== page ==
• Modifies school performance grades to provide that all schools receive a grade for school achievement and a grade for school growth
  • SB 522: Informational Literacy Bill (primary sponsors: Senators Rachel Hunt, D-Mecklenburg; Natalie Murdock, D-Durham; DeAndrea Salvador, D-Mecklenburg)
    • Requires instruction of informational literacy in schools
      • Informational literacy means a set of skills that enable an individual to recognize when information is needed and to locate, evaluate, and use the needed informat,ion effectively, including, but not limited to digital, visual, textual and technological literacy
    • SB 523: Increase School Psychologists (primary sponsor: Senator Joyce Waddell, D-Mecklenburg)
      • Increases the number of school psychologist positions funded by the State to 675
    • SB 524: School Social Workers/Master’s Pay: (primary sponsor: Senator Joyce Waddell, D-Mecklenburg)
      • Provides education-based salary supplements for school social workers, regardless of whether a master’s degree is required for licensure
    • SB 528: Public School HVAC Replacements (primary sponsors: Senators DeAndrea Salvador, D-Mecklenburg; Julie Mayfield, D-Buncombe; Joyce Waddell, D-Mecklenburg)
      • Establishes the Clean Air Grant Program, which requires DPI to provide grants to qualifying public school units to replace aging heating, ventilation, and air conditioning systems in schools
    • SB 532: Restore State Employee/Teacher Retiree Medical Benefit (primary sponsors: Senators Paul Lowe, D-Forsyth; Rachel Hunt, D-Mecklenburg; Joyce Waddell, D-Mecklenburg)
      • Identical to HB 333
      • Prevents the elimination of retiree medical benefits for members first earning service under the Teachers’ and State Employees’ Retirement Systems
    • SB 535: Pension Forfeiture Due to Criminal Acts (primary sponsors: Senators Joyce Krawiec, R-Forsyth; Carl Ford, R-Rowan; Ted Alexander, R-Cleveland)
      • Causes the forfeiture of benefits under the Teachers’ and State Employees’ Retirement System for committing certain criminal offenses while in office
    • SB 558: Broadband Affordability Prog./Digital Equity (primary sponsor: Senator Natalie Murdock, D-Durham)
      • Establishes the North Carolina Broadband Assistance Program to provide funds to eligible low-income families to help make broadband access more affordable
    • SB 561: Repeal Collective Bargaining Ban (primary sponsor: Senator Joyce Waddell, D-Mecklenburg)
      • Identical to HB 243
      • Repels the state ban on collective bargaining for public employees
    • SB 567: School Mental Health Support Act (primary sponsors: Senators Sydney Batch, D-Wake; Michael Garrett, D-Guilford; Paul Lowe, D-Mecklenburg)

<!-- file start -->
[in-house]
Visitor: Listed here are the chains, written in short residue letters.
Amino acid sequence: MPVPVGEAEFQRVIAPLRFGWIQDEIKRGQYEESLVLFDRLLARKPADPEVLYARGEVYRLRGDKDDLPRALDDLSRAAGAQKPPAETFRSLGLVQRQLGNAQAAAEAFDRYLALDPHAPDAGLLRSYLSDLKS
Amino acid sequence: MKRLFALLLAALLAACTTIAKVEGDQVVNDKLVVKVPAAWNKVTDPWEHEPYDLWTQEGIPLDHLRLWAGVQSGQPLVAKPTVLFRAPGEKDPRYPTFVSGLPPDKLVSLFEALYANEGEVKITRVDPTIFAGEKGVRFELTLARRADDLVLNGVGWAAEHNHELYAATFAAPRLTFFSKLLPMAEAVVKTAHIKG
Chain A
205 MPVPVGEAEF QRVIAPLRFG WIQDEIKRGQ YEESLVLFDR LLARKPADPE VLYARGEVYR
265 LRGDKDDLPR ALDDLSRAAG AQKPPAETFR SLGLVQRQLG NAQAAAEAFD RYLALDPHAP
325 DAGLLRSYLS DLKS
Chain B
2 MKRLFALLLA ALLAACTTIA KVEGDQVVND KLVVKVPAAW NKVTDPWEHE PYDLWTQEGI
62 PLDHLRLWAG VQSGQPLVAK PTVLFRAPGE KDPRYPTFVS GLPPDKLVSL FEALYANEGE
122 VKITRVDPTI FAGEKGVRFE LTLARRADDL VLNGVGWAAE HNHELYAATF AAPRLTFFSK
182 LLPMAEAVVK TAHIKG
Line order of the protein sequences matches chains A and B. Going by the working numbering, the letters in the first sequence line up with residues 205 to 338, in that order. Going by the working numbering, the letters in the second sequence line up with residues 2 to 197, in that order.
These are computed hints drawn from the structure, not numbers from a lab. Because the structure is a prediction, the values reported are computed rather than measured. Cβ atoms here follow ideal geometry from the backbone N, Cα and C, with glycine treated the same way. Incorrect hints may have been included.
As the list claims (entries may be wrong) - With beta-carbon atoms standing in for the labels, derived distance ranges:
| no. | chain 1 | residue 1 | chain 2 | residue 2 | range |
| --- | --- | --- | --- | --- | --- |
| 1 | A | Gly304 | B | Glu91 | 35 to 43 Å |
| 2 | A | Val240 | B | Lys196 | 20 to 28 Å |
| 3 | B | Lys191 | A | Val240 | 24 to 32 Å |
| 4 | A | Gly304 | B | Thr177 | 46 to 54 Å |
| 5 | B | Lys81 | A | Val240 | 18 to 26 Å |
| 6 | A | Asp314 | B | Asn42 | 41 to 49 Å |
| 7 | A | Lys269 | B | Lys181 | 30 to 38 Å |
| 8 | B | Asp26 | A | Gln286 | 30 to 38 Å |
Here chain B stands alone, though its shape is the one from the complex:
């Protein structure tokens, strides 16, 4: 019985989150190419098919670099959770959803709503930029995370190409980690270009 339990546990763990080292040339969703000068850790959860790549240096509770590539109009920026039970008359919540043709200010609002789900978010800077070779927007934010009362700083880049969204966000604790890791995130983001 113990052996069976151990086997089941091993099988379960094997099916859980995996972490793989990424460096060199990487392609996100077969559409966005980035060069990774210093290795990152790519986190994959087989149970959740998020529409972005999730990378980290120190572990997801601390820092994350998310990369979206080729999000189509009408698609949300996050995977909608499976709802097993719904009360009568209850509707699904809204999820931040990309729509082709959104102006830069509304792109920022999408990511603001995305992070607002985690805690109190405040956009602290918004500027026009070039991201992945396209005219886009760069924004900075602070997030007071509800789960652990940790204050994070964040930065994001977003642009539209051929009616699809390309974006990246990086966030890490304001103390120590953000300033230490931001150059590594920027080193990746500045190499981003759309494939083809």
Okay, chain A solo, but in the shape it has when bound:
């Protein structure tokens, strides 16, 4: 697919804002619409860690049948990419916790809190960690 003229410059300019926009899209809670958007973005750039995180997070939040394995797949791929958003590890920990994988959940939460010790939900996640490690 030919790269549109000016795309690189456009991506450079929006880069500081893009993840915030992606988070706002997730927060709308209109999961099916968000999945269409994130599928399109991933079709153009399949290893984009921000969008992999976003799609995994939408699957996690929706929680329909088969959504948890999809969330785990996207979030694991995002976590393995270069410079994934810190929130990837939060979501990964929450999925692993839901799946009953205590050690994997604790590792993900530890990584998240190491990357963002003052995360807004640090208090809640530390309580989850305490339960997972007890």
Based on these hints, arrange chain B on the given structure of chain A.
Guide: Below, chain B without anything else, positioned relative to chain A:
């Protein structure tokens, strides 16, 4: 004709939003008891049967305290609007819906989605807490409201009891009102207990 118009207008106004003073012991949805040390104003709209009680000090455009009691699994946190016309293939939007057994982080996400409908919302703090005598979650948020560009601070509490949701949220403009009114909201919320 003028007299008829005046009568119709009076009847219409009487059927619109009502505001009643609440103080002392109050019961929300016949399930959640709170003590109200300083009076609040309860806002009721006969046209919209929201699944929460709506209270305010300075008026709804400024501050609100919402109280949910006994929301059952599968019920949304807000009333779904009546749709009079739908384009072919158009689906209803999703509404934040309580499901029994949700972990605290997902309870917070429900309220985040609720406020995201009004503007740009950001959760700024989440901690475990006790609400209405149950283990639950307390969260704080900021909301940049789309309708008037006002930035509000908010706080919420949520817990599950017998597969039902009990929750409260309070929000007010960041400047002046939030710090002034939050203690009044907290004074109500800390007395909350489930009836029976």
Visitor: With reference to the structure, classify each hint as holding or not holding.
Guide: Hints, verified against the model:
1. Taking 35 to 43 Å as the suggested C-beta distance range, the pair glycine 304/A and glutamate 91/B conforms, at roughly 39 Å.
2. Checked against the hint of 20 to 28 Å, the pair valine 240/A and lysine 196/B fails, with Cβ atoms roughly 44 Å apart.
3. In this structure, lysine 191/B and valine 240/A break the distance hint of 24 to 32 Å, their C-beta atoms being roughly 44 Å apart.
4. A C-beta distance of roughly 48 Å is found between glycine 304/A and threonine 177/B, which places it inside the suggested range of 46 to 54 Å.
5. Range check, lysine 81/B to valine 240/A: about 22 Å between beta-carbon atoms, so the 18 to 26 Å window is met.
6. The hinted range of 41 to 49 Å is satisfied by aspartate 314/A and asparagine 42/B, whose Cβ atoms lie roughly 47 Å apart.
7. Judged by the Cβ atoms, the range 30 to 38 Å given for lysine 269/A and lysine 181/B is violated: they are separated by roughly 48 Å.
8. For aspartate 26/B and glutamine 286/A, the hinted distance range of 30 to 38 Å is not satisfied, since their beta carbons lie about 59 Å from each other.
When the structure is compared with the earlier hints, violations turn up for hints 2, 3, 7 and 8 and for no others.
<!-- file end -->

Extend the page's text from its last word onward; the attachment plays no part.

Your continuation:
• Establishes the School Mental Health Grant Program to increase student access to mental health support personnel
      • Establishes the Mental Health Worker Loan Repayment Program
    • SB 598: Healthy Students – A Nurse In Every School (primary sponsors: Senators Joyce Waddell, D-Mecklenburg; Sydney Batch, D-Wake; Kandie Smith, D-Pitt)
      • Requires at least one school nurse in every school in a local school district and appropriates funds to meet that requirement
    • SB 618: TAs to Teachers (primary sponsor: Senator Tom McInnis, R-Moore)
      • Creates a Teacher Assistant Tuition Reimbursement Program to assist teacher assistants in completing an educator preparation program by providing funds to allow local school districts to pick five teacher assistants to receive an award of up to $4,500 per year
    • SB 634: Cap Charter Schools (primary sponsor: Senator Joyce Waddell, D-Mecklenburg)
      • Caps the total number of charter schools operating in the State at 225
    • SB 636: School Athletic Transparency (primary sponsors: Senators Vickie Sawyer, R-Iredell; Todd Johnson, R-Union; Tom McInnis, R-Moore)
      • Revises oversight of high school interscholastic athletics
        • Prohibits students who do not live in a school district from competing if their enrollment is solely for athletic participation purposes
        • Prohibits students of male sex from competing in sports designated for females, women, or girls
      • Recodifies and reorganizes current interscholastic athletics statutes
    • SB 645: Add Homeschools to Opportunity Scholarship (primary sponsor: Senator Jim Burgin, R-Harnett)
      • Identical to SB 665: Add Homeschools to Opportunity Scholarship (primary sponsors: Senators Jim Burgin, R-Harnett; Joyce Krawiec, R-Forsyth)
      • Permits opportunity scholarships to be awarded to students in home school and phases in increased award amounts for home schoolers over time
    • SB 653: Access to Sports and Extracurriculars for All (primary sponsors: Senators Ralph Hise, R-Mitchell; Carl Ford, R-Rowan; Amy Galey, R-Alamance)
      • Permits students who attend a public school, private school, or home school without an interscholastic athletics program in a given sport or particular extracurricular activity to participate in that activity at a public high school
    • SB 675: Land Use Clarification and Changes (primary sponsors: Michael Lee, R-New Hanover; David Craven, R-Randolph; Amy Galey, R-Alamance)
      • Allows the siting of schools via special use permit for areas zoned for commercial use